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Microsoft: Everyone stop running so the fat kid Win RT can catch up

Does the WinPhone update keep you happy?

Top three mobile application threats

Analysis Windows Phone has been a success for Microsoft in 2013, thanks almost entirely to very low cost but good value Nokia devices. But the platform itself advances at the pace of a continental shelf on a work-to-rule. Will the latest platform enhancements in GDR3 help?

Most certainly - but it's all WP users will have to chew on for many months; the major improvements forthcoming in Windows 8.1 Phone won't appear percolate down to users until next summer. So until then, what you see in GDR3 will be all you get. On the other hand, Windows RT – the Win8 variant designed for ARM devices such as Redmond's unloved Surface RT slab – seems to be receiving plenty of attention.

The irony is that Microsoft has shifted into a faster, annual release cycle in the place where a fast release cycle isn't really wanted – on the enterprise desktop. And just where a faster release cycle is needed, it moved the Phone team into a slower, 18-month release cycle. For Windows Phone, Microsoft applies the brakes.

Enterprises, on the other hand, don't want or need an annual Windows refresh and there's nothing in 8.1 that couldn't have been shipped out in a service pack. Whereas in smartphones Microsoft still has much to do to catch up: users have been crying out for search and better notifications.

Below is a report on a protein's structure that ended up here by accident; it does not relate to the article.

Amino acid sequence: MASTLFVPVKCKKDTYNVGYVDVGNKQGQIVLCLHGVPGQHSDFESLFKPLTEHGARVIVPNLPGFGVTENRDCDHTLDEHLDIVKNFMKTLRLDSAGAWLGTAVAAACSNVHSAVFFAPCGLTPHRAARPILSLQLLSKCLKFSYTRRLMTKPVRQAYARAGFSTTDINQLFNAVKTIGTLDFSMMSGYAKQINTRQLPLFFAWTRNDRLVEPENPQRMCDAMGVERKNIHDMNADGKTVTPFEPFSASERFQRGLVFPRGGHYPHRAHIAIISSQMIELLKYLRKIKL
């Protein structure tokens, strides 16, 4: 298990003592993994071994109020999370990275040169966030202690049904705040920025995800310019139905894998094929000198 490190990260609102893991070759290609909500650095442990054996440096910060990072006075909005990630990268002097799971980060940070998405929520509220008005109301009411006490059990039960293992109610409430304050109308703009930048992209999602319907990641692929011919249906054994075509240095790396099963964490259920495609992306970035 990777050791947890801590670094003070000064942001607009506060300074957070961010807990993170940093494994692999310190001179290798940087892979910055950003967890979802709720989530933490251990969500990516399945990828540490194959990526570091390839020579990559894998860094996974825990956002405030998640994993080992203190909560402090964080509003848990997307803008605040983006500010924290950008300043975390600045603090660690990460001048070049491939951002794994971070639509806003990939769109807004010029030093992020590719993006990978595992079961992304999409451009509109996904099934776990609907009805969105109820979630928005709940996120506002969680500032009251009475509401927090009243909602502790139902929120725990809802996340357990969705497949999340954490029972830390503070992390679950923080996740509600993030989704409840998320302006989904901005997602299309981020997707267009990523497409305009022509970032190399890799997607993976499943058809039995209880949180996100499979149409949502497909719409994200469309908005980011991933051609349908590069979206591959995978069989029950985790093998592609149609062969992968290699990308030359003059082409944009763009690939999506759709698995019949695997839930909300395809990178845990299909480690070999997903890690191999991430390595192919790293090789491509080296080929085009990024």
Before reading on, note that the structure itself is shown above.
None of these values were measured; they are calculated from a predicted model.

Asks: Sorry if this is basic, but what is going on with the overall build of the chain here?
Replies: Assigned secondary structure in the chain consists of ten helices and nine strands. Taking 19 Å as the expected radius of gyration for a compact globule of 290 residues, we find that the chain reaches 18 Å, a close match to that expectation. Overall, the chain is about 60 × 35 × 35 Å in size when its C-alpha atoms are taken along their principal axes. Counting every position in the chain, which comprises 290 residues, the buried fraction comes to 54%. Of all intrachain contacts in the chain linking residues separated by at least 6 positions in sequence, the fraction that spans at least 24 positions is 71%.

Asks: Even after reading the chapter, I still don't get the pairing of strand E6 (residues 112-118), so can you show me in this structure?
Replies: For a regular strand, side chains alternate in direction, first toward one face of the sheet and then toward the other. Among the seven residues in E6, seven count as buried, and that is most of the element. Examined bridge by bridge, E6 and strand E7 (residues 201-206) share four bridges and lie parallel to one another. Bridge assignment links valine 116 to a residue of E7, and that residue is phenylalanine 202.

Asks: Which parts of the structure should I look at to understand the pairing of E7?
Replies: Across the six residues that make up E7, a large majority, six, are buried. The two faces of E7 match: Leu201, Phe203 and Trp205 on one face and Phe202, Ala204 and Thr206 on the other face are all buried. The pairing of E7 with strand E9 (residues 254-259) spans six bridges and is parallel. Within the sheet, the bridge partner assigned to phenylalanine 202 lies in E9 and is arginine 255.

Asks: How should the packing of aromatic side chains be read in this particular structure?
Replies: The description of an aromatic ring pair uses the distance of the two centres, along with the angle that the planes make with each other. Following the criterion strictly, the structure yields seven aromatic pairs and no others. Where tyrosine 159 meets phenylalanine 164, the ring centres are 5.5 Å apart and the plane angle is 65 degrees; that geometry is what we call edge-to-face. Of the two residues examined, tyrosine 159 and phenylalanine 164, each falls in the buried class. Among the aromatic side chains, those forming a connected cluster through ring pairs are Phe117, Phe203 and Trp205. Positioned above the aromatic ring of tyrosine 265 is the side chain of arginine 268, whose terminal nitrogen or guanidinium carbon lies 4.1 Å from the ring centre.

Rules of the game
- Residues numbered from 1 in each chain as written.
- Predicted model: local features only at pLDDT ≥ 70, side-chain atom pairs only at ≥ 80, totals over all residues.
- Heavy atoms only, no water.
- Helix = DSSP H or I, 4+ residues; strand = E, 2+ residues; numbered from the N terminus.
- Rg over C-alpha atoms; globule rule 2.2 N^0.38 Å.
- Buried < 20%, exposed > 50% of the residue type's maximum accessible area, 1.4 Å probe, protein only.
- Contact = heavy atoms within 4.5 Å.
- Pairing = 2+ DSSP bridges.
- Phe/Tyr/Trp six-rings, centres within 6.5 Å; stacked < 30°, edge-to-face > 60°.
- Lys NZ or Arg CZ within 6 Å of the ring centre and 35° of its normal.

What we've got, apart from support for devices with larger displays, are a few very useful but still very minor improvements. GDR3 has a "Driving Mode", custom ringtones for text messages, a rotation lock, better accessibility and the ability to close apps. Not with a swipe, alas, as on Meego or iOS7, but an Win95-style close button. While welcome, many of these have been on rival platforms since their inception.

Much of the delay has to do with the anarchy bequeathed to Microsoft by Steven Sinofsky's reign. His three platform "unification" strategy was brave and plausible – but Sinofsky failed to unify the developer APIs behind the scenes.

Instead of Windows being a "write-once, run-anywhere" API able to challenge iOS and Android on mobile – a third ecosystem – Microsoft presented developers with three quite different and incompatible APIs. This wilful fragmentation made Microsoft's job much more difficult than it would have been.

Developers this year have had a choice of iOS, Official Android, unofficial Android, Amazondroid and BB10, alongside Windows 8, Windows RT, and Windows Phone. Yes, something that has sold more poorly than BB10 actually exists: step forward Windows RT, with fewer than a million.

Microsoft's Steve Sinofsky with his beloved Surface tablet

Cheer up. At least he's gone. (Microsoft's Steve Sinofsky with his beloved Surface tablet)

The delay allows Microsoft to get two of these platforms in sync. Since Windows Phone is more mature than RT, development of the less mature RT is ramped up while Windows Phone is allowed to take a breather. One rumour posits that Microsoft is aiming for 77 per cent "API unity" between Windows Phone and RT for the Windows 8.1 release.

Quite why Windows Phone users should take priority behind RT, a basketcase of a platform which is likely to become redundant as phones grow, deserves such special treatment is a mystery.

I presume it's internal politics that keeps RT alive - but your answers are most welcome. ®

Top three mobile application threats

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